Wild Cats in a Suburban Jungle
This short story was submitted to satisfy an english course requirement.
With ears laid flat like a WWII D-day invasion glider, the kitten flattens herself on the cushion, hidden by the arm of the maroon and brown print couch. She is stalking her prey, like the wild Serval she is descended from. In this case her sister Ayo is the prey. Ayo and Gabatta are Savannah cats, a new domestic breed. There is also a third Savannah lurking nearby, Mankala who is just over a year old. Savannahs are related to the African Serval and because my wife and I enjoy different games, we decided to name them all Mankala, an African board game. Ayo is Nigerian for Mankala and also means “Joy,” while Gabatta is an Ethiopian variant of the game.
These are very special and unique cats; each cat a miniature replica of a Serval. They are bred for long lithe bodies and short tails. Their lean bodies are covered in short waterproof fur spotted like a leopard. These beautiful cats are almost invisible as they lie motionless on the dark living room couch, made undistinguishable by the myriad of highlights and shadows of the dry African plain that is their camouflaged coat.
They have much larger than normal ears that make the small head look even smaller. On the back of each ear is oscelli, a light marking on the dark background that looks like eyes. It is a characteristic that confuses predators and prey because each is unsure which way the cat is facing. Their eyes are rimmed in dark black markings that are reminiscent of depictions of Queen Cleopatra. Mankala’s eyes are a bright golden orange, while the kittens’ eyes are light hazel. In the dark, Mankala’s eyes reflect a burning orange-red.
At only four months old, the veterinarian said the sisters could have been mistaken for seven month old kittens due to their size. At six months these kittens are the size of most traditional-breed full grown house cats. Savannahs grow for two to three years and can average twenty pounds when fully mature. The two sisters are of an earlier generation than Mankala, and already outweigh her by over three pounds.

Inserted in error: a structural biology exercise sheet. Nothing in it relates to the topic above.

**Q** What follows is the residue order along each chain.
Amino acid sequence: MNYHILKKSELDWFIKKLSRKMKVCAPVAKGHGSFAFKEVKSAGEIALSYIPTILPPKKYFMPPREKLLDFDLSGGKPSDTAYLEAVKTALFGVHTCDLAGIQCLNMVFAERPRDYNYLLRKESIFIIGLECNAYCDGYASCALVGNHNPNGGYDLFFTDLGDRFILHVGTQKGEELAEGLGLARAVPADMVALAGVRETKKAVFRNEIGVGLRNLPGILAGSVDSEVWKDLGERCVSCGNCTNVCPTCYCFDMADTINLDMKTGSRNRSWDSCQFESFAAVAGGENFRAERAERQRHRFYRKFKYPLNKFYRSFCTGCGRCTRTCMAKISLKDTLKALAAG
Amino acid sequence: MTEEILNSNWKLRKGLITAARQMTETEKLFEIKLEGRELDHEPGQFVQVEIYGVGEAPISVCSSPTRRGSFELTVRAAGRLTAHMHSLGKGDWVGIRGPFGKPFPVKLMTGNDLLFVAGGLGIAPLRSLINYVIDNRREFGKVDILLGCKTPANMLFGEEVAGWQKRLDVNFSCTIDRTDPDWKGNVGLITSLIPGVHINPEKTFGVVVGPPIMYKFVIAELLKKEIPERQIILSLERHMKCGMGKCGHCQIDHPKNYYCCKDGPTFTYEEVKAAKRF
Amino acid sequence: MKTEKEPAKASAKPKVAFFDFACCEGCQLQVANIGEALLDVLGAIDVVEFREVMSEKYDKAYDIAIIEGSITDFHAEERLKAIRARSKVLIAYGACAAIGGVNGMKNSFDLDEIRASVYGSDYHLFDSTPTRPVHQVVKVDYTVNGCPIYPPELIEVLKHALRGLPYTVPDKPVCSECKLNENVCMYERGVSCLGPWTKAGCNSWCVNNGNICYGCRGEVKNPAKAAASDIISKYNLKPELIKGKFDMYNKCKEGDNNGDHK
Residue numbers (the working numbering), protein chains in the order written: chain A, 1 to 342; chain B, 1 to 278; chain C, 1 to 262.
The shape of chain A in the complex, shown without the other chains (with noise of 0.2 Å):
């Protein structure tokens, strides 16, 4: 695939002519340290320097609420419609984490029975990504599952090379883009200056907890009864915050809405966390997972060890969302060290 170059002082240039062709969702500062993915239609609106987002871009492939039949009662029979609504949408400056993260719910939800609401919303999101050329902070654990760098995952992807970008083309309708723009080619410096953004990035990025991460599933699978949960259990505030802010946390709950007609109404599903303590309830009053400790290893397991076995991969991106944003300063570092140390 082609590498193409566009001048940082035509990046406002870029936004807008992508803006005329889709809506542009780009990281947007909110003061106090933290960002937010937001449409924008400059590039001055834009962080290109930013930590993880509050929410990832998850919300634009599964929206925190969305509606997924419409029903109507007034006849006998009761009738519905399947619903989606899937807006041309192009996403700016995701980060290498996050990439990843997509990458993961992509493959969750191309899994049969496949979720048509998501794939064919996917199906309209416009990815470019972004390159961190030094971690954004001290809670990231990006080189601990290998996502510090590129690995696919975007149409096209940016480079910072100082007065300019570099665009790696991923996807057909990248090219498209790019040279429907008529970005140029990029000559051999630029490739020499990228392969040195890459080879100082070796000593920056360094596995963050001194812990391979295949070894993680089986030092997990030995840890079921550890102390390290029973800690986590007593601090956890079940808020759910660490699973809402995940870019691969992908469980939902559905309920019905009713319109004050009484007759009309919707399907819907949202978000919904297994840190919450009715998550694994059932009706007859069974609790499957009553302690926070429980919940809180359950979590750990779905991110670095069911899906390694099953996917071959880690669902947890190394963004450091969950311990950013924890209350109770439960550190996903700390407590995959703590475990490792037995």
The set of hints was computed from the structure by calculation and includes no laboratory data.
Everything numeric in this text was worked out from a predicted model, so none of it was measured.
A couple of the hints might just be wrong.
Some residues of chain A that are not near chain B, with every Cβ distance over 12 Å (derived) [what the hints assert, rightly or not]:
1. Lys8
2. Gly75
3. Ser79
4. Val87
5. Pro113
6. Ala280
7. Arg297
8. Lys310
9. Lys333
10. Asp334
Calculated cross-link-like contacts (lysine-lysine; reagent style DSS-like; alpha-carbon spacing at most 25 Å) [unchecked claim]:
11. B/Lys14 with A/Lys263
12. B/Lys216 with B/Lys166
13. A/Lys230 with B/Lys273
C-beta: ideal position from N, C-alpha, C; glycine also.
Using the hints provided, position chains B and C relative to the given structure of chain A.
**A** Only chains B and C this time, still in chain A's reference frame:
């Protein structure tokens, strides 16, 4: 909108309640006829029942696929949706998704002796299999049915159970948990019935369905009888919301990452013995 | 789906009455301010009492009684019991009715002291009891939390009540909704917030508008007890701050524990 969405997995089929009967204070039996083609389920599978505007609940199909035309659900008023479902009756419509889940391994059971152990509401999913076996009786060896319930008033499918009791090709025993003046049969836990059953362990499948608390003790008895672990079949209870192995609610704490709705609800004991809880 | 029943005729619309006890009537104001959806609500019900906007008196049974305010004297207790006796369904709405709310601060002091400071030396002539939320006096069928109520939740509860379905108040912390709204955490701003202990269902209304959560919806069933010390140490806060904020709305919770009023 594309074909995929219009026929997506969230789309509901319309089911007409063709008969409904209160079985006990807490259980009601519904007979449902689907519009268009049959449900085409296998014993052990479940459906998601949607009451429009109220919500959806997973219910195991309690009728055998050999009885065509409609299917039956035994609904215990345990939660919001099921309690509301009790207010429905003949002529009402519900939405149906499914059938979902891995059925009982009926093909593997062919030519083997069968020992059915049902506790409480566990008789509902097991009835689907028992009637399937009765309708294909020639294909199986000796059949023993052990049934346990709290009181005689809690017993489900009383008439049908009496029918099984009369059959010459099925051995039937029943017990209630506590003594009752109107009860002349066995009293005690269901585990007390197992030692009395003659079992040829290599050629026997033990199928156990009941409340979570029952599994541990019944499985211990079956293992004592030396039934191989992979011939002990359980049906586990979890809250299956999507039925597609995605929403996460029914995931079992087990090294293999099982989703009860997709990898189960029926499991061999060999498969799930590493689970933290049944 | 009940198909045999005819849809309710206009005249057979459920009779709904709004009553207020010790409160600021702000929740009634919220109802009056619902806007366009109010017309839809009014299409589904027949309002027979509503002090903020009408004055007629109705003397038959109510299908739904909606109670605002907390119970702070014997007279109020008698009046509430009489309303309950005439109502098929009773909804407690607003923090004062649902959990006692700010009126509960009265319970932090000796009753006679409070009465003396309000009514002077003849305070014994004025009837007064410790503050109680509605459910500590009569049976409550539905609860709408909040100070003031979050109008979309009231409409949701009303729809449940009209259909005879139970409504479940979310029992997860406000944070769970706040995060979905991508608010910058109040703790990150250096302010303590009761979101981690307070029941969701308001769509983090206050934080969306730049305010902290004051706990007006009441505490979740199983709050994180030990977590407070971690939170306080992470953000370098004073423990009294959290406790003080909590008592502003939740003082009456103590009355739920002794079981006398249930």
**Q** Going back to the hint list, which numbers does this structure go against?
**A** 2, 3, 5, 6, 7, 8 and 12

When the Savannahs are lost or separated from the others, or when they want your attention, they chirp, not a meow like you would expect. By looking at them you might even think to hear a mighty roar, but no. They chirp, like a bird. The other Savannahs go running looking for the missing cat when they hear chirping. They also talk to “prey” on the other side of the window. Sitting on the back of the couch, with ears flat against the side of her head, Gabatta crouches as low as her body will allow, chattering and chirping, at birds, squirrels, even a leaf rustling in the wind.
Ayo walks unsuspectingly past the couch where Gabatta is concealed, and Gabatta with her whiskers pushed forward, wiggles her rear and launches a powerful pounce onto her sister. Ayo jumps straight up in the air two and a half feet then runs at a full sprint through the house with Gabatta and Mankala pursuing her at a breakneck pace. The sound is of a herd of wild stampeding horses thundering across an open field. All Savannahs love to climb, so older and wiser Mankala jumps in two bounds to the top of a bookshelf to oversee the battle. Ayo stops dead in her tracks, and Gabatta jumps over her and the race continues. When they finally stop, they both rise up on their hind legs and bat at each other in mock combat. They lunge and lock arms like pro wrestlers. Ayo, the larger of the two, gets the upper paw, and throws Gabatta to the sculpted Berber carpet. With a mighty leap she arcs through the air and lands where Gabatta had been as Gabatta runs through the living room and the chase is on again. Mankala watches, leaning intently over the edge of her perch, as if she were a gambler anxiously awaiting the outcome of a historic sports event.
The kittens have been running and playing so hard they pant, another Savannah trait. Finally worn out, they trot to the parquet floor, plop themselves down on the cool wood and begin to bathe each other. They clean ears, wash foreheads and under chins, and even groom whiskers. Mankala grandly prances past dragging a towel between her legs, proud of her most recent kill. Once the kittens cool down, the whole cycle of prowling and stalking through the dense undergrowth of the house begins anew.